In part 6, the conclusion of this Exclusive Interview, Keith Campbell talks with Diabetes in Control Publisher Steve Freed during the ADA meeting in San Diego, California about the possibility of a cure as stated over the years.
Having been an instrumental change in the way pharmacists practice pharmacy, Professor Emeritus R. Keith Campbell, RPh, MBA, CDE, FASHP, FAPhA, FAADE, is the former Associate Dean and Distinguished Professor in Diabetes Care/Pharmacotherapy at the Washington State University College of Pharmacy in Pullman, Washington.
Transcript of this video segment:
Steve Freed: You’ve had type 1 for a number of years. Obviously, you pay special attention to studies that show possible cures for diabetes. We heard there are cures for I don’t know how many years.
Keith Campbell: 65 years, I have a file that is literally 2 feet thick where the title says something about “cure for type 1 diabetes will be here,” on those days they called it juvenile diabetes, “within 5 years.”
Steve Freed: So, where do you think that is now? Because our knowledge has grown dramatically and I’ve seen so many different studies that show possible cures. All of them have failed so far.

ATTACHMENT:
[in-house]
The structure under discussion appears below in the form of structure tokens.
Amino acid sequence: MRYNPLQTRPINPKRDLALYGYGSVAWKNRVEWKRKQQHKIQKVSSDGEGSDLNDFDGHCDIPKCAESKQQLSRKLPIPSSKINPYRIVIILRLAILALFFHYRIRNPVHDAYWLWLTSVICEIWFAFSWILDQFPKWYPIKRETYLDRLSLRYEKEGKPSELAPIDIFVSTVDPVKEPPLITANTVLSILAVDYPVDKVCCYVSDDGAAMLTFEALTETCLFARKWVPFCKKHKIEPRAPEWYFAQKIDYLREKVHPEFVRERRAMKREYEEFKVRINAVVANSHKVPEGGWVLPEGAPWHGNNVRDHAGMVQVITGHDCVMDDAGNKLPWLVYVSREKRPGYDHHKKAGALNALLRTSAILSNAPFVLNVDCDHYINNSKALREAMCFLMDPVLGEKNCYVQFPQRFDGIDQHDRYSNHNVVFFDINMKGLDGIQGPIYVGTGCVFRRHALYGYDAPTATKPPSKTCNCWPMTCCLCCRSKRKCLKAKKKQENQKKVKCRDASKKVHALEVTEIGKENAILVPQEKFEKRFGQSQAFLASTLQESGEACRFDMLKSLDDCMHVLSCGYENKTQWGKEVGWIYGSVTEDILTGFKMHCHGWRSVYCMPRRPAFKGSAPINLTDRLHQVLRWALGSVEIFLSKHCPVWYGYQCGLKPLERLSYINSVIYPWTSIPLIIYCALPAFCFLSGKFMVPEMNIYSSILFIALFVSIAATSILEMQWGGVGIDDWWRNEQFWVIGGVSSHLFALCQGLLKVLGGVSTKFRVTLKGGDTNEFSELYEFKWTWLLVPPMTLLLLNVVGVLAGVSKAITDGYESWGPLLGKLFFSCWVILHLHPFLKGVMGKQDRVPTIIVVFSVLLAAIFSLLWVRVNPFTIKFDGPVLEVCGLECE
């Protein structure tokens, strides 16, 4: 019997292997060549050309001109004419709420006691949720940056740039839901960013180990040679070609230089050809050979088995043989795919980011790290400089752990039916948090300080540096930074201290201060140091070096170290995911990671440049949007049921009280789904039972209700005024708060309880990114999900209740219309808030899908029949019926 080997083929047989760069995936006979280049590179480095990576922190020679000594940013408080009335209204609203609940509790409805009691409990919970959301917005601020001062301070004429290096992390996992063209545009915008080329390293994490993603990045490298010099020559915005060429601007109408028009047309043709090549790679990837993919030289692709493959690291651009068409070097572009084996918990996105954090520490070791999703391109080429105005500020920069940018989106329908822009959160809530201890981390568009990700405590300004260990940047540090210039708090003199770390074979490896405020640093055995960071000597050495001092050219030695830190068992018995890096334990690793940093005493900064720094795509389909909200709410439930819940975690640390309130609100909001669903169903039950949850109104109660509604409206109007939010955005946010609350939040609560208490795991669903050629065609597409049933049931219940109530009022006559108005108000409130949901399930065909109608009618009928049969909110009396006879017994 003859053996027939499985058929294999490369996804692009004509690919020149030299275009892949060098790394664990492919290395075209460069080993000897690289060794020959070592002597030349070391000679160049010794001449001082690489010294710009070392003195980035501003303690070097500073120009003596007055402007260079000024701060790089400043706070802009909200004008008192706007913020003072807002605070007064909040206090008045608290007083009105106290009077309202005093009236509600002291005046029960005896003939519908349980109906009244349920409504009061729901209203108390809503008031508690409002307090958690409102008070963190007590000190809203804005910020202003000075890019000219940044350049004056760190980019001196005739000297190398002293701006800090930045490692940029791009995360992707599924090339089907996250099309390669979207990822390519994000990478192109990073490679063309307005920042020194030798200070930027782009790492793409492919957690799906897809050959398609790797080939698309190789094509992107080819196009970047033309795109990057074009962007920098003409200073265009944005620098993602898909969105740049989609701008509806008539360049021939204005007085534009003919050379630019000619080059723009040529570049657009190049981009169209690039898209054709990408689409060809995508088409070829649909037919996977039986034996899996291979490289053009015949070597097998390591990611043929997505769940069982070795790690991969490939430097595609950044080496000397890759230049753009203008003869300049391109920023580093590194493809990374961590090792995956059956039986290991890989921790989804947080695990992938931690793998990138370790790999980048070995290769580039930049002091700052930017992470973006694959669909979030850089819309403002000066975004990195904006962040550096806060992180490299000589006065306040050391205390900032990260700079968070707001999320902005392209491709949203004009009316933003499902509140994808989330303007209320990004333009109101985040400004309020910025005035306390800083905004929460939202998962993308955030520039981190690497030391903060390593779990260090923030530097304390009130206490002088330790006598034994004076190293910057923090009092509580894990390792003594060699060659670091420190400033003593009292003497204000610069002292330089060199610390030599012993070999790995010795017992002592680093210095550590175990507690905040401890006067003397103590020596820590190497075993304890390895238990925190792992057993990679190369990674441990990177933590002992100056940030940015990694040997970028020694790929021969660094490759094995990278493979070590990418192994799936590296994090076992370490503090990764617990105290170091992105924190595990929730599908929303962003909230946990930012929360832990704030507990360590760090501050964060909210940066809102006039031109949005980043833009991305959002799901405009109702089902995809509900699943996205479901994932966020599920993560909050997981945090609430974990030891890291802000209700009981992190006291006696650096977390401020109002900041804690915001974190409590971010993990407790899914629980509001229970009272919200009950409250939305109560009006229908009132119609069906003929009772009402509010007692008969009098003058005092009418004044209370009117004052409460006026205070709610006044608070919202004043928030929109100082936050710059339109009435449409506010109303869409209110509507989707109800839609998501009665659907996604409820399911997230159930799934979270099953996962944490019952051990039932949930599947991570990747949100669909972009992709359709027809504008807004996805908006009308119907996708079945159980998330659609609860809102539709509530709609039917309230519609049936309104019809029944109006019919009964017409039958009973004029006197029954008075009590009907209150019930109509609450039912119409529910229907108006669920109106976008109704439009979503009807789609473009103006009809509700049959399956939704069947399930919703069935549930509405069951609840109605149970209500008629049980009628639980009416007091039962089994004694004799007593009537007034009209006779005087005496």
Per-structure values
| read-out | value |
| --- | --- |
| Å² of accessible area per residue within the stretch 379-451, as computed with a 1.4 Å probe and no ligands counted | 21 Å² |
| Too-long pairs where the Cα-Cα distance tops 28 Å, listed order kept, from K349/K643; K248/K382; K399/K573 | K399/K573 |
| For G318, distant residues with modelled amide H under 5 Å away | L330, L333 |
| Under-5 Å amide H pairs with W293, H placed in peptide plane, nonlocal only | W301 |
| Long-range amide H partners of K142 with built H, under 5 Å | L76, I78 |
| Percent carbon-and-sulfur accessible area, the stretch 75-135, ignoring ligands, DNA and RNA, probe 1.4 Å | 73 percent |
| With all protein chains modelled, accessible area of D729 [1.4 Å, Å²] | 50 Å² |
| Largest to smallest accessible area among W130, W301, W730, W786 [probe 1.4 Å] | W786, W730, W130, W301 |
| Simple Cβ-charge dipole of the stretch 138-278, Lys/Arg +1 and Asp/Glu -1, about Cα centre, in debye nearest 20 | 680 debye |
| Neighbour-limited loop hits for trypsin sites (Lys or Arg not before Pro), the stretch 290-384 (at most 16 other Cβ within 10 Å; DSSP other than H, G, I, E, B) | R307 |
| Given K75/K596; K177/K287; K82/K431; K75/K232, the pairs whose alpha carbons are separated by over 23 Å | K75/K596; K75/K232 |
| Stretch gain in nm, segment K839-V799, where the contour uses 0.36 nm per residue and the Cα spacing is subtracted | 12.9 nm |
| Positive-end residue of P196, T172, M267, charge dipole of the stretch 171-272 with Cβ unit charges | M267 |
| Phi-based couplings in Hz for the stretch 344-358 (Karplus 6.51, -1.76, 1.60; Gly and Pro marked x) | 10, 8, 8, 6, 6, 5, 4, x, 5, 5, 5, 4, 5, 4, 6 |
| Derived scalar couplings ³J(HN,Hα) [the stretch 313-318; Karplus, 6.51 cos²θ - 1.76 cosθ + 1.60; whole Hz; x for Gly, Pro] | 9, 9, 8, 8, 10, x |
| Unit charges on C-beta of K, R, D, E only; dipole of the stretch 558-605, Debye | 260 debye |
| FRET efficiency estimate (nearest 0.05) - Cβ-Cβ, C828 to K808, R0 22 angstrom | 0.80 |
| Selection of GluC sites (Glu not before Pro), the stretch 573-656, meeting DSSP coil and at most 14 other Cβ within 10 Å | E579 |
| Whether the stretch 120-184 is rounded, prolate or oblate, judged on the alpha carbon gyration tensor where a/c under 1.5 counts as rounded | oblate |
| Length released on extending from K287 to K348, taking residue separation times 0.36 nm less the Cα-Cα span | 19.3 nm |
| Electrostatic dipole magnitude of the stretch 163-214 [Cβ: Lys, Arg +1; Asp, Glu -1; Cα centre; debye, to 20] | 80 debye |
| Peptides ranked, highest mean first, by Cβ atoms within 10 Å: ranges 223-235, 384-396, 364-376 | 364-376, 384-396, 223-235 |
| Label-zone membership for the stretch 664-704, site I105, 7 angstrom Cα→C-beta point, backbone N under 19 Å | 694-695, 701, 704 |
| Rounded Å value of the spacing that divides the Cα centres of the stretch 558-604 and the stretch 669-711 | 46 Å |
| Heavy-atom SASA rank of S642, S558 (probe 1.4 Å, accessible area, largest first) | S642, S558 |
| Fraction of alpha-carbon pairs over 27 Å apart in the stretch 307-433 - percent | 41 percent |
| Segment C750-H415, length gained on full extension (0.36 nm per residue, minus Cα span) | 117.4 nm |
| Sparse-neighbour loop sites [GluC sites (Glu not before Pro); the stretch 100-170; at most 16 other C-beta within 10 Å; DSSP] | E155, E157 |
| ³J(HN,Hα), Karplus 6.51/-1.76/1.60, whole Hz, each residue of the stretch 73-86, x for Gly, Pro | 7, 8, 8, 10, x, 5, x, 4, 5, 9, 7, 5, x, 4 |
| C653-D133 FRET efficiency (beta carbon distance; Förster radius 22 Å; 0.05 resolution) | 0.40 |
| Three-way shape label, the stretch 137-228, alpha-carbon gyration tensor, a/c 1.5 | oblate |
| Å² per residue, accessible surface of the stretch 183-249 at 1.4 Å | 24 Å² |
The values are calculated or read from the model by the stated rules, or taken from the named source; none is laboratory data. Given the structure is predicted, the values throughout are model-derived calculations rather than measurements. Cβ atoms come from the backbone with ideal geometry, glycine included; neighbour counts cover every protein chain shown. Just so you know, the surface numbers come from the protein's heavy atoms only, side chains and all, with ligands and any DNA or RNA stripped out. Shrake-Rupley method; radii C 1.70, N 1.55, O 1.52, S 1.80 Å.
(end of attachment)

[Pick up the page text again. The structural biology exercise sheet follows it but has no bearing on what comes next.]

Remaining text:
Keith Campbell: Once the damage has occurred to the beta cells, I don’t know if we’re going to have a cure in what people think the cure really is, but if you confront you have type 1 diabetes and you learn about it and are motivated to take care of it, you can do pretty well. I’m at 68 years and I’m hoping to go too much longer at least. Been a long time. I think there are going to be some breakthroughs that may be help prevent type 1 and then really make it much easier to live with. That’s already happened in my lifetime. It’s so much simpler.
Steve Freed: Some of the studies say that you didn’t lose all your beta cells. They’re just suspended and they’re looking for ways to bring it back to life. That could be a possible cure. All you have to do is keep the bucket half full and repeat it over time.
Keith Campbell: I do think that whole area of Immunology and things… If I were starting over again, I would go into Immunology and Microbiome and a few other things.
Steve Freed: The one thing I have said many times here is that people that are involved in diabetes, like you, are very passionate about what they do and most of them have diabetes. Everybody that’s developing new products, they all have diabetes because they know what it’s like and they are trying to make it easier for the patient. Just like you, you decided education was the way to go and you became very passionate about it, so I have to say thank you and you deserve the award. I’d give you a Lifetime Achievement Award, but you’re just going to have to settle for dinner. (Laughter)